Digital technologies are providing water authorities with innovative, sustainable answers to long-term challenges like water leaks, which drive up customer bills and complaints. By monitoring water consumption, technologies such as smart meters can help utilities proactively communicate with their end-users through real-time data. As a result, utilities can bring transparency and improved control to their water supply chain, decrease costs and provide reliable water usage intel to their communities.
With extreme weather events, population growth and various other factors affecting water availability, consumption and repairs, utilities are grappling with new ways to ensure that their services remain efficient, cost-effective and sustainable.
Water management systems connected to the Internet of Things (IoT) have the inherent advantage of data analysis. By implementing smart meters into end-users’ homes, utilities can monitor water consumption and predict future challenges and solutions.
As utilities continue to prioritise customer and community needs, data has become an essential part of water management operations. Smart meters are being rolled out in increasing numbers around Australian communities, providing utilities with real-time insights into network usage.
This allows them to not only identify faults and rapidly repair leaks, but provide accurate water bills, reduce local environmental impacts, and ensure that customers are saving on water and energy services.
Leading water and wastewater management solutions company, SUEZ, has released its strategic plan for 2027. Part of the plan is focused on increasing efficiency, accuracy, savings and communication between utilities and end-users through IoT solutions and digital water management systems.
The new era is here
Coined as the ‘Internet of Water’, smart water solutions are gaining traction in the industry and are transforming the way utilities manage and deliver water services to their communities. They can leverage these technologies to deliver a completely customised service for their end-users.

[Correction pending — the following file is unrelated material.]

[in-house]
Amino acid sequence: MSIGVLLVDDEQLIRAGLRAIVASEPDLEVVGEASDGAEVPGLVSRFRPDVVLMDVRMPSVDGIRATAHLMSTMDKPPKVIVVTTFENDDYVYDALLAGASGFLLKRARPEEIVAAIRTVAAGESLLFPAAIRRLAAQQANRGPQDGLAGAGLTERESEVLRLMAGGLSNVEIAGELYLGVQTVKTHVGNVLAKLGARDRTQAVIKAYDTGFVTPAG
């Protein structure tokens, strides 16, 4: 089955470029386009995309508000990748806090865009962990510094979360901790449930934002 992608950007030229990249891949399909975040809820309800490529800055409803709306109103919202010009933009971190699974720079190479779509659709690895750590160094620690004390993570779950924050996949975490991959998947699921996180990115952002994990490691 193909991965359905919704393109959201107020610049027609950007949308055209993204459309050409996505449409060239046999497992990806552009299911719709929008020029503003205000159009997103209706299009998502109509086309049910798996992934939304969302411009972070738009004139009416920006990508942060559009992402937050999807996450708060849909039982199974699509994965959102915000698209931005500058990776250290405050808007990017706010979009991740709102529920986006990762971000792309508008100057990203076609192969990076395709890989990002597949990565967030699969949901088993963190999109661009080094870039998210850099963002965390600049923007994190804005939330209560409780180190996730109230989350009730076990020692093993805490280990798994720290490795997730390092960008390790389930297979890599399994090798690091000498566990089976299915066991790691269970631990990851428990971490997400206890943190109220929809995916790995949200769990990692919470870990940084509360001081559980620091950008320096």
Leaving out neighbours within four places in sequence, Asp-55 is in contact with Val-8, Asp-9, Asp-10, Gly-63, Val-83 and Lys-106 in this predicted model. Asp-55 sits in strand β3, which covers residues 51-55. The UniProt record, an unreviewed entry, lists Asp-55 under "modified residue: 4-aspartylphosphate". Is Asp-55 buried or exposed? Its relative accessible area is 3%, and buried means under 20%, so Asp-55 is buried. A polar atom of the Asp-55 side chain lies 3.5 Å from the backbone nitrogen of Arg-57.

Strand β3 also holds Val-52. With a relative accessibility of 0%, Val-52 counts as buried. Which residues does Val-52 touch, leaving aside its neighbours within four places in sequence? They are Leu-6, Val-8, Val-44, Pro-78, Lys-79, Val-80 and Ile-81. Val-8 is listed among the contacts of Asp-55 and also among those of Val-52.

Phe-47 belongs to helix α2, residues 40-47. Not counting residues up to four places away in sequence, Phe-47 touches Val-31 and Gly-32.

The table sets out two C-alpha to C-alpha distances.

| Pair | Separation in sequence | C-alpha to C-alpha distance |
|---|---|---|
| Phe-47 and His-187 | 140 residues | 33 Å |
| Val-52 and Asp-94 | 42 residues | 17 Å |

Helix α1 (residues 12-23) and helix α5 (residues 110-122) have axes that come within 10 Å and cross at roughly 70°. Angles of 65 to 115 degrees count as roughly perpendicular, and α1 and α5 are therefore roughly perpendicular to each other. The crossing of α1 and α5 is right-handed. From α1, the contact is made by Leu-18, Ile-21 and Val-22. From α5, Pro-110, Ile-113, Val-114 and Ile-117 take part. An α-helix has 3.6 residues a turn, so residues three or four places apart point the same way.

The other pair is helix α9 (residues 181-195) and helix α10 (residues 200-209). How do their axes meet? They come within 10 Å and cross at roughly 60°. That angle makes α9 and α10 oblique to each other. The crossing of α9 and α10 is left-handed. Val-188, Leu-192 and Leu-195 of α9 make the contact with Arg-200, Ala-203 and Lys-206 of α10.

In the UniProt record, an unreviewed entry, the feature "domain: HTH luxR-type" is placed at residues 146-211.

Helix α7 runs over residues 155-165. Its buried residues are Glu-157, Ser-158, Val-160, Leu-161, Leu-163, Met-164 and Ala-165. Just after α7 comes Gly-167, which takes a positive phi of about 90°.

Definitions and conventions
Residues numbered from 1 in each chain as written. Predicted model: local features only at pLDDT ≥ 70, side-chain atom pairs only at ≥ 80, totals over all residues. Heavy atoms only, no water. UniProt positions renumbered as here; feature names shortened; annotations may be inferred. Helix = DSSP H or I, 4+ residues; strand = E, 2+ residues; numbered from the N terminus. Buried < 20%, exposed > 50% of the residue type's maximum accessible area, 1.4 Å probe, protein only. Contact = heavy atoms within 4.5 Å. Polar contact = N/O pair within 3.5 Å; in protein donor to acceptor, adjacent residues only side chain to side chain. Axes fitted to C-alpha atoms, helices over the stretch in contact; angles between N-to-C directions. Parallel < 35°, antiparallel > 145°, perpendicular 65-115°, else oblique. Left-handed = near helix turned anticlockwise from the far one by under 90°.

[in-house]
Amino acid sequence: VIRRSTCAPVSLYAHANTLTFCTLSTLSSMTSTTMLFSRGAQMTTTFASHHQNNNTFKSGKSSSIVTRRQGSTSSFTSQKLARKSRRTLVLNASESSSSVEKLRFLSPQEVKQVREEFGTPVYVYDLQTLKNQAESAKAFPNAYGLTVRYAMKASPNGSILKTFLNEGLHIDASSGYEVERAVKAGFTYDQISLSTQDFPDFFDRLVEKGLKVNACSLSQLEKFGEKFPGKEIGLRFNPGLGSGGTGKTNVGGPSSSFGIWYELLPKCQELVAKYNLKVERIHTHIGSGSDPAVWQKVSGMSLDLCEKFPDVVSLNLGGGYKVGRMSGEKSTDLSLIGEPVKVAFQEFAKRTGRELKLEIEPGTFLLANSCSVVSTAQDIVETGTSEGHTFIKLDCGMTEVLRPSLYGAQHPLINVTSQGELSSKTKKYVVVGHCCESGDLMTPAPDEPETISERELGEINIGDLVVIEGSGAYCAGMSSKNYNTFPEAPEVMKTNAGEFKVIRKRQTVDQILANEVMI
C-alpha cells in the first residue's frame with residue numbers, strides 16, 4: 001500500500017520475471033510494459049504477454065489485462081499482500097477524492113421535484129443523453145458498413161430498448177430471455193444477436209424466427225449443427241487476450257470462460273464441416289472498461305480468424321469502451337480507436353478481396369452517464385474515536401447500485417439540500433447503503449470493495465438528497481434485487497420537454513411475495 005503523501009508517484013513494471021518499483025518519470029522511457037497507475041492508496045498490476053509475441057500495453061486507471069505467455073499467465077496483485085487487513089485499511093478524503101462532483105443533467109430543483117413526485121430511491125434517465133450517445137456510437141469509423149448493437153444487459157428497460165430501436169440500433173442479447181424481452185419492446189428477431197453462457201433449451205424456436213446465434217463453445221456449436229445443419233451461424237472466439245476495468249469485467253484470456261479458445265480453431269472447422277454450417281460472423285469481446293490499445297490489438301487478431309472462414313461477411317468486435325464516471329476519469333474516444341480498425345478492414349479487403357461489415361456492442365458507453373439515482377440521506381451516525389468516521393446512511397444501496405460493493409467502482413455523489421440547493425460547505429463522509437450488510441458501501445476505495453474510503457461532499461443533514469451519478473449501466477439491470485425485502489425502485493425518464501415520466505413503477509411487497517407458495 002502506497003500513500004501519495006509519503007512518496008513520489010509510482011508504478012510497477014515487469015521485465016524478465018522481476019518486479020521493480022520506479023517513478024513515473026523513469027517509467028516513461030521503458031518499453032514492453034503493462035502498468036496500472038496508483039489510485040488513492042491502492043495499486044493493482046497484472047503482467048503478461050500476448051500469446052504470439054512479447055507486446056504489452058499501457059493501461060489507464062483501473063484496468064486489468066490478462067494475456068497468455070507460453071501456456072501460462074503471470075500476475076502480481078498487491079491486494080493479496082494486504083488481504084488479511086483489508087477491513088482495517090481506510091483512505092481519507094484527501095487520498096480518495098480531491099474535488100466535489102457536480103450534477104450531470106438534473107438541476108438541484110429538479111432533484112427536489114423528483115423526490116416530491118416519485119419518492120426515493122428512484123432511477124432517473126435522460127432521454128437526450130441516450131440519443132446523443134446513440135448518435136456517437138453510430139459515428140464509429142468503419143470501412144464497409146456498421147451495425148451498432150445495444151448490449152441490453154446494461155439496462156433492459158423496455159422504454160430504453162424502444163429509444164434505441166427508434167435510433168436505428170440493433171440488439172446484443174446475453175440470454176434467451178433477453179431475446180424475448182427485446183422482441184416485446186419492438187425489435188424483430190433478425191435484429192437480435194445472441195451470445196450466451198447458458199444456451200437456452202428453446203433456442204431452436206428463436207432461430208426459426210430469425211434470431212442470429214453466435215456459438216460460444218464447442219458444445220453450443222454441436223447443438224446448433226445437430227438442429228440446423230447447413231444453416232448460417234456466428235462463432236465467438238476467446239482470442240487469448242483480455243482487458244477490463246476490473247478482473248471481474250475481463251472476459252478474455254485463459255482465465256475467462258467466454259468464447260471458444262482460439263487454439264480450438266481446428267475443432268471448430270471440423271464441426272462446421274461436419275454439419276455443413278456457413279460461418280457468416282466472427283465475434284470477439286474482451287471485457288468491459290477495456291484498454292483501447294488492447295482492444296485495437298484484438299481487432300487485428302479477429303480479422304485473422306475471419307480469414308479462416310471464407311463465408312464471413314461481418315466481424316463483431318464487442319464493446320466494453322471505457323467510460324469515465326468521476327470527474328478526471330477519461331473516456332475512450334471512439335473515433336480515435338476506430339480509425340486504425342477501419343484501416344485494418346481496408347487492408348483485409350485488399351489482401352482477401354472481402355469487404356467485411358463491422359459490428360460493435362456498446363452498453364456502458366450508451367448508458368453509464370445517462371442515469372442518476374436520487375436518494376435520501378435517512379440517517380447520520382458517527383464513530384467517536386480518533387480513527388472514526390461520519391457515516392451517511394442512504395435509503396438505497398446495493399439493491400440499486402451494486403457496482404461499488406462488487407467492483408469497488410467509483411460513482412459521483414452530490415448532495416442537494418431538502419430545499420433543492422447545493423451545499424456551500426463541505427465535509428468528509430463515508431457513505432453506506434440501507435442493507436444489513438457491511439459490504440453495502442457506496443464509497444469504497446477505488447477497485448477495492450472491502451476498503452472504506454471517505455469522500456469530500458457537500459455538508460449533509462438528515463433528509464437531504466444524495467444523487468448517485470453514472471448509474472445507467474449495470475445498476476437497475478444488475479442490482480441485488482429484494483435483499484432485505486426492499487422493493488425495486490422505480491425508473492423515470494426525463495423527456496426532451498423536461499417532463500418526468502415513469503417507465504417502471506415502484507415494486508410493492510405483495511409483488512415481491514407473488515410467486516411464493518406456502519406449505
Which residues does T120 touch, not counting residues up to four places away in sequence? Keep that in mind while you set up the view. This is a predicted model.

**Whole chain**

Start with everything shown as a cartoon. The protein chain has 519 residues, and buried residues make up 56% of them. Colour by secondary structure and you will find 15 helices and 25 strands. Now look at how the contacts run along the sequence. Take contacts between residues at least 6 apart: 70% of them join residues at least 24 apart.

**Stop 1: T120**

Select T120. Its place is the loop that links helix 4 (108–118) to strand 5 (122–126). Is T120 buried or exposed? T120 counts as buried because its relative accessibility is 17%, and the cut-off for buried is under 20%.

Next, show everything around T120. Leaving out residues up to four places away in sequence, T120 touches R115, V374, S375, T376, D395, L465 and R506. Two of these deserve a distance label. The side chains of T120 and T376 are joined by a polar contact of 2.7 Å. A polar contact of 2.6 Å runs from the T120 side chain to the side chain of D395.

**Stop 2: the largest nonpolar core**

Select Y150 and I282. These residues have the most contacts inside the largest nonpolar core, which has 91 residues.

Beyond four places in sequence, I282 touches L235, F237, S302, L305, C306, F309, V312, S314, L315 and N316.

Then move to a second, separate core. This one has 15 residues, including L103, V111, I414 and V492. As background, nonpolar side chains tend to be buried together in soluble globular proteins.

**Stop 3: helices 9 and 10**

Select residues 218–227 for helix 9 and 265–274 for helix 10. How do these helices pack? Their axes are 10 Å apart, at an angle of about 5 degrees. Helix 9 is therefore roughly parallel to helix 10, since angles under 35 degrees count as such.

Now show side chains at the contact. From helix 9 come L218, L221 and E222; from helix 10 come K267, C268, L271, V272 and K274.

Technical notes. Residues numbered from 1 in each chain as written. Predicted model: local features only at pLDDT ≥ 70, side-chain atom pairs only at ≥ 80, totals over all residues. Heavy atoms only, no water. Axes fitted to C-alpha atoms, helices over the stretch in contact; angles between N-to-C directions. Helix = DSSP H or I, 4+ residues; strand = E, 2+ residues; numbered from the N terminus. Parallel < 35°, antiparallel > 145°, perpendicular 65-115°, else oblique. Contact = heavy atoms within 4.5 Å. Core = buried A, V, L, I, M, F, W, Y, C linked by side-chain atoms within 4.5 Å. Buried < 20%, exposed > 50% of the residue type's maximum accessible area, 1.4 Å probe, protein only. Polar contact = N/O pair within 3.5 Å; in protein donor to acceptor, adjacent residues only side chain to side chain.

SUEZ’s Head of Smart Metering, Sean Cohen, says that the Internet of Water is a game-changer for how water authorities interact with their communities.
“IoT technology, like these smart water meters, provides an accurate, timely, reliable image of your water networks. It’s robust – you won’t have to wait three months for someone with a clipboard to detect a leak as it’ll happen instantaneously,” Mr Cohen said.
Getting real with data
With smart meters and IoT devices, utilities can monitor water usage in real-time. This helps them pinpoint leaks, pipe bursts and other issues quickly. They can leverage this information to proactively alert their communities about potential problems, saving them time and money on repairs.
“Digital technologies and IoT offer utilities an unprecedented opportunity to improve water management,” Mr Cohen said.
“By leveraging the power of real-time data analytics and machine learning, utilities can optimise their operations and reduce water waste, ultimately saving resources and improving the overall sustainability of their operations.”
No more surprise water bills
If you’ve ever received an exorbitant water bill, you’re not alone. For years, water authorities have been trying to better communicate and educate their end-users about saving on their water usage, and smart solutions are tackling this head-on.
Utilities can use smart meters and IoT devices to send customised alerts to end-users about their water usage. For example, if a resident has a leak in their pipe, they can receive an alert directly from their provider telling them where the leak is and how to fix it. This helps residents act quickly, conserve water and save money on their bills.
“Right now, water is disappearing in transit and it’s not being measured or captured,” Mr Cohen said.
“With our digital water technologies, end-users can now be billed based on their actual water usage rather than a fixed rate. We’re making sure people aren’t paying for something that just gets poured down the drain.”
Creating circular solutions
As the world faces an ever-growing water crisis, the need for innovative water management solutions has become more critical than ever. The Internet of Water offers utilities a powerful toolset to tackle this challenge, and their adoption is a critical step towards a more sustainable future.
Globally, there are six million smart meters currently on order to be installed by SUEZ, and another 11 million under contract. Sometimes these meters are almost 20 years old, and still provide customers with the same safety, health and financial stability as when they were initially installed.
For SUEZ, digital water solutions are essential in creating a circular economy – they optimise water usage, reduce water waste, and increase resource efficiency.
By leveraging the Internet of Water, this will bring utilities one step closer to conserving water resources, reducing environmental impact, and creating more sustainable water management systems.
This is a sponsored editorial brought to you by Suez. For more information, please visit www.suez.com/en/australia-new-zealand